Unless pigeons are quite young, they are better braised or stewed in broth than cooked in any other manner. In fact, I consider it always the best way of cooking them. Tie them in shape; place slices of bacon at the bottom of a stew-pan; lay in the pigeons, side by side, all their breasts uppermost; add a sliced carrot, an onion, with a clove stuck in, a tea-spoonful of sugar, and some parsley, and pour over enough stock to cover them. If you have no stock, use boiling water. Now put some thin slices of bacon over the tops of the pigeons; cover them as closely as possible, adding boiling water or stock when necessary. Let them simmer until they are very tender. Serve each pigeon on a thin piece of buttered toast, with a border of spinach, or make little nests of spinach on pieces of toast, putting a pigeon into each nest.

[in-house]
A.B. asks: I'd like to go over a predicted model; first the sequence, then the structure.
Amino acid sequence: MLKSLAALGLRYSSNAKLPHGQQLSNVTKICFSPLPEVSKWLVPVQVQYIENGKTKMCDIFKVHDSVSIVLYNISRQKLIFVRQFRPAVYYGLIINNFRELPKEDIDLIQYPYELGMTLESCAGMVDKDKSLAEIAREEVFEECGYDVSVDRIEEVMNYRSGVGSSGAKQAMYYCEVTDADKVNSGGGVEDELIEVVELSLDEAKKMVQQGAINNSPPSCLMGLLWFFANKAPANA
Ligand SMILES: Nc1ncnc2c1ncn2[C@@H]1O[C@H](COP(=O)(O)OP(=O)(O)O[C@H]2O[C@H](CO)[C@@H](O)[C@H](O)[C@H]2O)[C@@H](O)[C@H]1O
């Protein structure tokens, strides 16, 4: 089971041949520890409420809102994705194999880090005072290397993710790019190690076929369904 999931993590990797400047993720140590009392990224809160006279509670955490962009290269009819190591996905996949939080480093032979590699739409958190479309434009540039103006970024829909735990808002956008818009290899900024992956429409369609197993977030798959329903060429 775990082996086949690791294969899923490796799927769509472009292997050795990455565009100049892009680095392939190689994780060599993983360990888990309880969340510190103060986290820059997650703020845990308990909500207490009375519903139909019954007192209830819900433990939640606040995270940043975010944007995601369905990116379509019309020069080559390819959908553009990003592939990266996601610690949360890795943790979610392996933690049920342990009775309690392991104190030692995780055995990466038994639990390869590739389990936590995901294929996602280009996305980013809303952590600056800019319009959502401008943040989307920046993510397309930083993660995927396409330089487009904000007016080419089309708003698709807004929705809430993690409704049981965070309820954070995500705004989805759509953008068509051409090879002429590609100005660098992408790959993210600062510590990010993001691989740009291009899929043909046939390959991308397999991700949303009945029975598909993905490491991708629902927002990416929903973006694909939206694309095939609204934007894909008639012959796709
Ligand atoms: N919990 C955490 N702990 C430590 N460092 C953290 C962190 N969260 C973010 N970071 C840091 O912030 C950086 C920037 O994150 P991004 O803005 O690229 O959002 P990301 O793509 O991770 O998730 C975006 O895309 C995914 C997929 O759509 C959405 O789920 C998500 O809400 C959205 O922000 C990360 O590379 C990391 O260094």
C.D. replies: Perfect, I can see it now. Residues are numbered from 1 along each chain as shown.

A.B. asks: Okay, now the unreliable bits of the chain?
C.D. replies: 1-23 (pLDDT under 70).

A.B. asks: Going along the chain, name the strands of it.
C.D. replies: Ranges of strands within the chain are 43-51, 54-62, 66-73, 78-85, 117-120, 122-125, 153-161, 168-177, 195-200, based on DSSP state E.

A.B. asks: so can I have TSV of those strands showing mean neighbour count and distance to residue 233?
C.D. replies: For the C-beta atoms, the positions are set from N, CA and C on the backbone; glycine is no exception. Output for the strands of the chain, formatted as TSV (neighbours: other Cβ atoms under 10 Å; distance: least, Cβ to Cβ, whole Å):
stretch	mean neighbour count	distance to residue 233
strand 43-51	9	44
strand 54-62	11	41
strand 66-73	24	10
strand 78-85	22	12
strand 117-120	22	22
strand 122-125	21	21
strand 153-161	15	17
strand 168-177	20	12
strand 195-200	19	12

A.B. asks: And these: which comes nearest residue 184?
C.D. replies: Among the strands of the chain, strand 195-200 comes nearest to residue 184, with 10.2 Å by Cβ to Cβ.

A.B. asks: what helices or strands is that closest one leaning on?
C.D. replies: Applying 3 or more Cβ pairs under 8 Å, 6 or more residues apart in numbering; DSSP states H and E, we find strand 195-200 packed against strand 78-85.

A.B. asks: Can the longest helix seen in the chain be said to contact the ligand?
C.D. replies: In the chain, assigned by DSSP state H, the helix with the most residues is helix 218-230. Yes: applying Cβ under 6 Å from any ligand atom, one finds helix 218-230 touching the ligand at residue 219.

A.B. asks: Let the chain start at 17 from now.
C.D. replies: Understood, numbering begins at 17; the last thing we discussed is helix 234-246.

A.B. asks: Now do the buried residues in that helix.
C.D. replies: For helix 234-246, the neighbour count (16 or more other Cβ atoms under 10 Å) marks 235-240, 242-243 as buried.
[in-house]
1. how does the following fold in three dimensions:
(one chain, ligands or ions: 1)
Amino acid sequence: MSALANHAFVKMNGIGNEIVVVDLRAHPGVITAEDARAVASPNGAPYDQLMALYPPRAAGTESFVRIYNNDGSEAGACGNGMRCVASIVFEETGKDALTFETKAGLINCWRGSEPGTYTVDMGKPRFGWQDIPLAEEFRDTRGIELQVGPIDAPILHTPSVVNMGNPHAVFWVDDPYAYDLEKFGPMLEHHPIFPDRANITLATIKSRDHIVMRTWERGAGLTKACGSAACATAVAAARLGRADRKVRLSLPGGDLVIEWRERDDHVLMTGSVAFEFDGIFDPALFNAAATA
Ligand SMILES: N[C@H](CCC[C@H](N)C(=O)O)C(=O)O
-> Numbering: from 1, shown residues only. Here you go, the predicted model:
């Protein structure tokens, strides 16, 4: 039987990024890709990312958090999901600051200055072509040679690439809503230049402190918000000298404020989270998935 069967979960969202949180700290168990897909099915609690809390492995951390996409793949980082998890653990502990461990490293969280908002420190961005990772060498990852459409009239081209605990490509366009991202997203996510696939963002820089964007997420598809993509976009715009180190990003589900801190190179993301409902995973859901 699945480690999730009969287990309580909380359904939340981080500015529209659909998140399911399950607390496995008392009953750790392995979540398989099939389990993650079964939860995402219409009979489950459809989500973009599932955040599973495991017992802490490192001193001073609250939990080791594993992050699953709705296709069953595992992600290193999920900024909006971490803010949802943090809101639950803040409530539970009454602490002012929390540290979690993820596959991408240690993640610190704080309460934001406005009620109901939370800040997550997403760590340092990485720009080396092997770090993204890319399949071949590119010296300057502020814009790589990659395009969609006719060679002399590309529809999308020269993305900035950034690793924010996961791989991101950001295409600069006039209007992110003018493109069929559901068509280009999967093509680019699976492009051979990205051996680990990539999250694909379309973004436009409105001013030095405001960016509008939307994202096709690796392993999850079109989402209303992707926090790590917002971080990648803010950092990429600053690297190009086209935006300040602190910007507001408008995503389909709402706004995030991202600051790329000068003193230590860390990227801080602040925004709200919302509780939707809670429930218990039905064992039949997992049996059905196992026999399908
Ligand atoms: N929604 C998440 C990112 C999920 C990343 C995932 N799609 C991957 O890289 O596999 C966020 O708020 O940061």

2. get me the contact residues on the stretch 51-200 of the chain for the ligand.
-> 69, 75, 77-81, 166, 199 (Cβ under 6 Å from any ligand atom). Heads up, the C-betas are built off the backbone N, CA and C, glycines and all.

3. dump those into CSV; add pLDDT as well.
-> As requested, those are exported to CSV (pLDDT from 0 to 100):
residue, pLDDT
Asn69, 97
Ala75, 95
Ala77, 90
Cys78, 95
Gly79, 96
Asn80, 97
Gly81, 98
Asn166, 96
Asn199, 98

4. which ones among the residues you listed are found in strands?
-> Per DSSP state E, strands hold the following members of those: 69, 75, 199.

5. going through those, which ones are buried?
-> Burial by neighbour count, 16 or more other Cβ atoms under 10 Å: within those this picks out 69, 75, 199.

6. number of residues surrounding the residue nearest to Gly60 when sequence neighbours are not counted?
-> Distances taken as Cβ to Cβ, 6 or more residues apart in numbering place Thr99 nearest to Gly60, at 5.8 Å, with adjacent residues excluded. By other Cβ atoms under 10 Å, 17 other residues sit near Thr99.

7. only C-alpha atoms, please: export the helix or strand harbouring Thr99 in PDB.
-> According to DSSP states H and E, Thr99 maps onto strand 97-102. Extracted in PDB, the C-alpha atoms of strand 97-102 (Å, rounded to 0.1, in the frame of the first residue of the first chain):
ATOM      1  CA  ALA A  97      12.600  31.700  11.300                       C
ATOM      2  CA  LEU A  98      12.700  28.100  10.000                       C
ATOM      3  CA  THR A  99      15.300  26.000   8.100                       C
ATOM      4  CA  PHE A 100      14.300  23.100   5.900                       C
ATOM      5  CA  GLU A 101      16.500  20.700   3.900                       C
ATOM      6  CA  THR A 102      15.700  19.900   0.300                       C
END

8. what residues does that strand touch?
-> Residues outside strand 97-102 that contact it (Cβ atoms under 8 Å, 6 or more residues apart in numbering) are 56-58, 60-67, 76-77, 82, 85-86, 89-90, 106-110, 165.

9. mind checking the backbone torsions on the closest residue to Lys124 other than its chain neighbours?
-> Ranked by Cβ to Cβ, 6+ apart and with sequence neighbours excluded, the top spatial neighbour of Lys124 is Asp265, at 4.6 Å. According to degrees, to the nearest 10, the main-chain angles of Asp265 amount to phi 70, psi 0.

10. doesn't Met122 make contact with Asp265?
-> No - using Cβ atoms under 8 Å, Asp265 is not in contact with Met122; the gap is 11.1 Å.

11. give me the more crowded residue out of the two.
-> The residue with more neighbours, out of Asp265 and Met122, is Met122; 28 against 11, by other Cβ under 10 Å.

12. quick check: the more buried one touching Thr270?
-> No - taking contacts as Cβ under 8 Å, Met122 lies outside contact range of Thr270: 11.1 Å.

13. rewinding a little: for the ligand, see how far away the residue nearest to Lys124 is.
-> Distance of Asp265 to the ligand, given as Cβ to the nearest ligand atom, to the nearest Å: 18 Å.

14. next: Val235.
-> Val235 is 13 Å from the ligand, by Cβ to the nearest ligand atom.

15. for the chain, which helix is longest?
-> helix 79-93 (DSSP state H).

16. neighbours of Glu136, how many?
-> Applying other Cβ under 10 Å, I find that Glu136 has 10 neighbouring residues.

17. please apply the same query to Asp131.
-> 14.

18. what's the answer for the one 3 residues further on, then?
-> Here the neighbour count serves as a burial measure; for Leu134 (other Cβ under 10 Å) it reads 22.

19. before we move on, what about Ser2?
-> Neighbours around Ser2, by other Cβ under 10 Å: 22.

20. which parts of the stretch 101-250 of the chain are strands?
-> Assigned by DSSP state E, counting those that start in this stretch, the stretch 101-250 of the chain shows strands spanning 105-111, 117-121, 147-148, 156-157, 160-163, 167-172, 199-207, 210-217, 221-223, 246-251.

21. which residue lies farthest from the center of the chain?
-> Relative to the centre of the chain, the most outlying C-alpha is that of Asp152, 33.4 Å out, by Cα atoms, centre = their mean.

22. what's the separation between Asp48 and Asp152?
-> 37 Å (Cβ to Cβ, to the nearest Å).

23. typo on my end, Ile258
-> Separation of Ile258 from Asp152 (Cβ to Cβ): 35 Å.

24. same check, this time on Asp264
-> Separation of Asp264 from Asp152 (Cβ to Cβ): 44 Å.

* If the fowls are not tender, add a little water, and stew them slowly until they are. - Ed.
Never roast pigeons unless they are young and tender. After they are well tied in shape, drawing the skin over the back, tie thin slices of bacon over the breasts, and put a little piece of butter inside each pigeon. File them on a skewer, and roast them before a brisk fire until thoroughly done, basting them with butter.
Split the pigeons at the back, and flatten them with the cutlet bat; season, roll them in melted butter and bread-crumbs, and broil them, basting them with butter. Or, cut out the breasts (fillets), and broil them alone. Serve them on thin pieces of toast. Make a gravy of the remaining portions of the pigeons, and pour it over them.